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After past confusion, criticism, Syracuse council sets new rules when filling vacancies

Tom Magnarelli
WRVO News (file photo)
The Syracuse Common Council chambers.

The Syracuse Common Council has changed the way it will select a new councilor when there is a vacancy. The process has caused confusion with councilors and applicants in the past, with vacancies sometimes sitting open for months. 

In the beginning of 2019, Councilor Susan Boyle stepped down to take a job with Onondaga County. A majority of the Democratic councilors decided that they would replace her with whoever the Onondaga County Democratic Committee selected as their candidate to run for the seat. That upset the council’s only Republican, Joe Carni, who said the process did not allow for members from other parties to participate. Traditionally, the council solicited resumes and held interviews before selecting someone. Now, that tradition has been added into the council’s rules and procedures. Councilor-at-Large Michael Greene wrote the new rules.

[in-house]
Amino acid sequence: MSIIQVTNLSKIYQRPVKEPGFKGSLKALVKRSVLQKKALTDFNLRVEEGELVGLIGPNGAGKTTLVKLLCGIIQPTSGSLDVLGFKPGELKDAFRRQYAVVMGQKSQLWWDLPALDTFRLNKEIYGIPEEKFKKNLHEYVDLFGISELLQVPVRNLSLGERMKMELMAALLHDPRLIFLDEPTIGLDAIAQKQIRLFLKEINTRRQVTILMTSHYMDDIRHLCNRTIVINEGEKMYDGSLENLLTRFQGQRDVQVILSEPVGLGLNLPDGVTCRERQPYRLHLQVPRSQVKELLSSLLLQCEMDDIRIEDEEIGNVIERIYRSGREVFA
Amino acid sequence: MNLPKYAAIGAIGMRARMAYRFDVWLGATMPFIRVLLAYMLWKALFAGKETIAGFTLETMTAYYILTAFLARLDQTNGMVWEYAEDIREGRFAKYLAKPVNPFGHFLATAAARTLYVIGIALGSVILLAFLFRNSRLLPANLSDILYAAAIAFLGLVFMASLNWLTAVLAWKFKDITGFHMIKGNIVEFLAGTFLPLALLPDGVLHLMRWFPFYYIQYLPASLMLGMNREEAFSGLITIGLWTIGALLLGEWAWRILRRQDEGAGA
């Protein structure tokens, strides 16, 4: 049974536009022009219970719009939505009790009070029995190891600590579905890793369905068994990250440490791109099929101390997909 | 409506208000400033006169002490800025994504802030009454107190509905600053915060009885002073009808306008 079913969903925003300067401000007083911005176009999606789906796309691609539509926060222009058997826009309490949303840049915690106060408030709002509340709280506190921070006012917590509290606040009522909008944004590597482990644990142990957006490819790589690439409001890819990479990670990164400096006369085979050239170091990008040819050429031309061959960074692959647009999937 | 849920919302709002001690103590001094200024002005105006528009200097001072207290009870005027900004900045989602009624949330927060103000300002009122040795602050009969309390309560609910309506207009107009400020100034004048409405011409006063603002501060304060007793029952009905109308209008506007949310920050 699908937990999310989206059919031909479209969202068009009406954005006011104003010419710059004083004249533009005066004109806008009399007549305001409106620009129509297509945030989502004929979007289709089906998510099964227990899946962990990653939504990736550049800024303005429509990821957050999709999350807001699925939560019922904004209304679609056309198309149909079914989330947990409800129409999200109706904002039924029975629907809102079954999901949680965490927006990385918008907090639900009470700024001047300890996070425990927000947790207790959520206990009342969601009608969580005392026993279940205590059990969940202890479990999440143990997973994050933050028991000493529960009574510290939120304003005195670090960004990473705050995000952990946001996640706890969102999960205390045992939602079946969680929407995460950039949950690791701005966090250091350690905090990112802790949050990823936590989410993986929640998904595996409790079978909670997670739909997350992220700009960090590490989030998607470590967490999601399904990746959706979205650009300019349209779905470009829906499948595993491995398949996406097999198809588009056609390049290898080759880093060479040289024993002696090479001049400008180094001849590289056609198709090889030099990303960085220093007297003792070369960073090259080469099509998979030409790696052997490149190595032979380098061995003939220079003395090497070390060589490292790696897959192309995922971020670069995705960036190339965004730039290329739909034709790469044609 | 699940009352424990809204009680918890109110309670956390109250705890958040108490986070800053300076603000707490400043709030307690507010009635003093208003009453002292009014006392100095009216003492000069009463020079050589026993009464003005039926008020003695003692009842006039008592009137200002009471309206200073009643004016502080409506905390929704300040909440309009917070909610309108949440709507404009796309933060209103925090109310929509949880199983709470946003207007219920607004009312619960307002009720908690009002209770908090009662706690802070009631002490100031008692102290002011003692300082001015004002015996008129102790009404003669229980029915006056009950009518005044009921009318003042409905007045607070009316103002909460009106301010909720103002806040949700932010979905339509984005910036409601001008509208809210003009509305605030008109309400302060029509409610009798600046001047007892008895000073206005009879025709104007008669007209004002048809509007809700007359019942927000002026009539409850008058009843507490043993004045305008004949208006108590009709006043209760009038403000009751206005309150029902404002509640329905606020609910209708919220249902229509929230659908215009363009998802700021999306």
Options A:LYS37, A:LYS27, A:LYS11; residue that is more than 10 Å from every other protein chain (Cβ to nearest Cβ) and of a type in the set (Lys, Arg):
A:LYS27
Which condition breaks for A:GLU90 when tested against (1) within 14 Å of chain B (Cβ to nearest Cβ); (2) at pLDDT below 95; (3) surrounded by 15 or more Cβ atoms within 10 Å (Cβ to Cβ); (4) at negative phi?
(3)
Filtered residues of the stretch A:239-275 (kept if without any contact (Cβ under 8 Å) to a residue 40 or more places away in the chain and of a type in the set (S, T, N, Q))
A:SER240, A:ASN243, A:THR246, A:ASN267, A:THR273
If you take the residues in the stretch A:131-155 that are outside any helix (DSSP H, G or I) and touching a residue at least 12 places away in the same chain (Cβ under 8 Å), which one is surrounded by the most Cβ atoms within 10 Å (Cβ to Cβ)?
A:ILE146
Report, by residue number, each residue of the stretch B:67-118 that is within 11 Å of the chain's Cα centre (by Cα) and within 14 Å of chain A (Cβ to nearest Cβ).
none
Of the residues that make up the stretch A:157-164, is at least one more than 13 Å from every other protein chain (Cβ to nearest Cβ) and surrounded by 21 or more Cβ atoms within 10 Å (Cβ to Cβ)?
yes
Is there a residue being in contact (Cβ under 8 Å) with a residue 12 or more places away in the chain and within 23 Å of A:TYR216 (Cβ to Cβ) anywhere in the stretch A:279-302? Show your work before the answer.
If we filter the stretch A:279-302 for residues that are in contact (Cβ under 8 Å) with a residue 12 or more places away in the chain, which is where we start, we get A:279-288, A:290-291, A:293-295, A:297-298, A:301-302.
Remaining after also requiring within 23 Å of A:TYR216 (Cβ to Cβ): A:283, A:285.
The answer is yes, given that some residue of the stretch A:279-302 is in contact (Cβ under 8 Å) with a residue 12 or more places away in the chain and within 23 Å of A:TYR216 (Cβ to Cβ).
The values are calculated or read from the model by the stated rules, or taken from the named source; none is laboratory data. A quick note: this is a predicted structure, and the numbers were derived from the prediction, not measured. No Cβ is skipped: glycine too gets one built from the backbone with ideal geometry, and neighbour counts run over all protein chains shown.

“What this does is creates a timeline,” Greene said. “It creates a process for people submitting their resume and then it creates an interview process and then it creates a timeline by which the vacancy will be filled.”

He said it will provide more clarity on how to select a candidate to fill a vacancy. Anyone who wants will be able to submit a resume, which will be posted on the city’s website. Two finalists will participate in an interview with the council, open to the public, before a vote is scheduled. A simple majority is still, all that’s needed to fill the seat.    

Tom Magnarelli is a reporter covering the central New York and Syracuse area. He joined WRVO as a freelance reporter in 2012 while a student at Syracuse University and was hired full time in 2015. He has reported extensively on politics, education, arts and culture and other issues around central New York.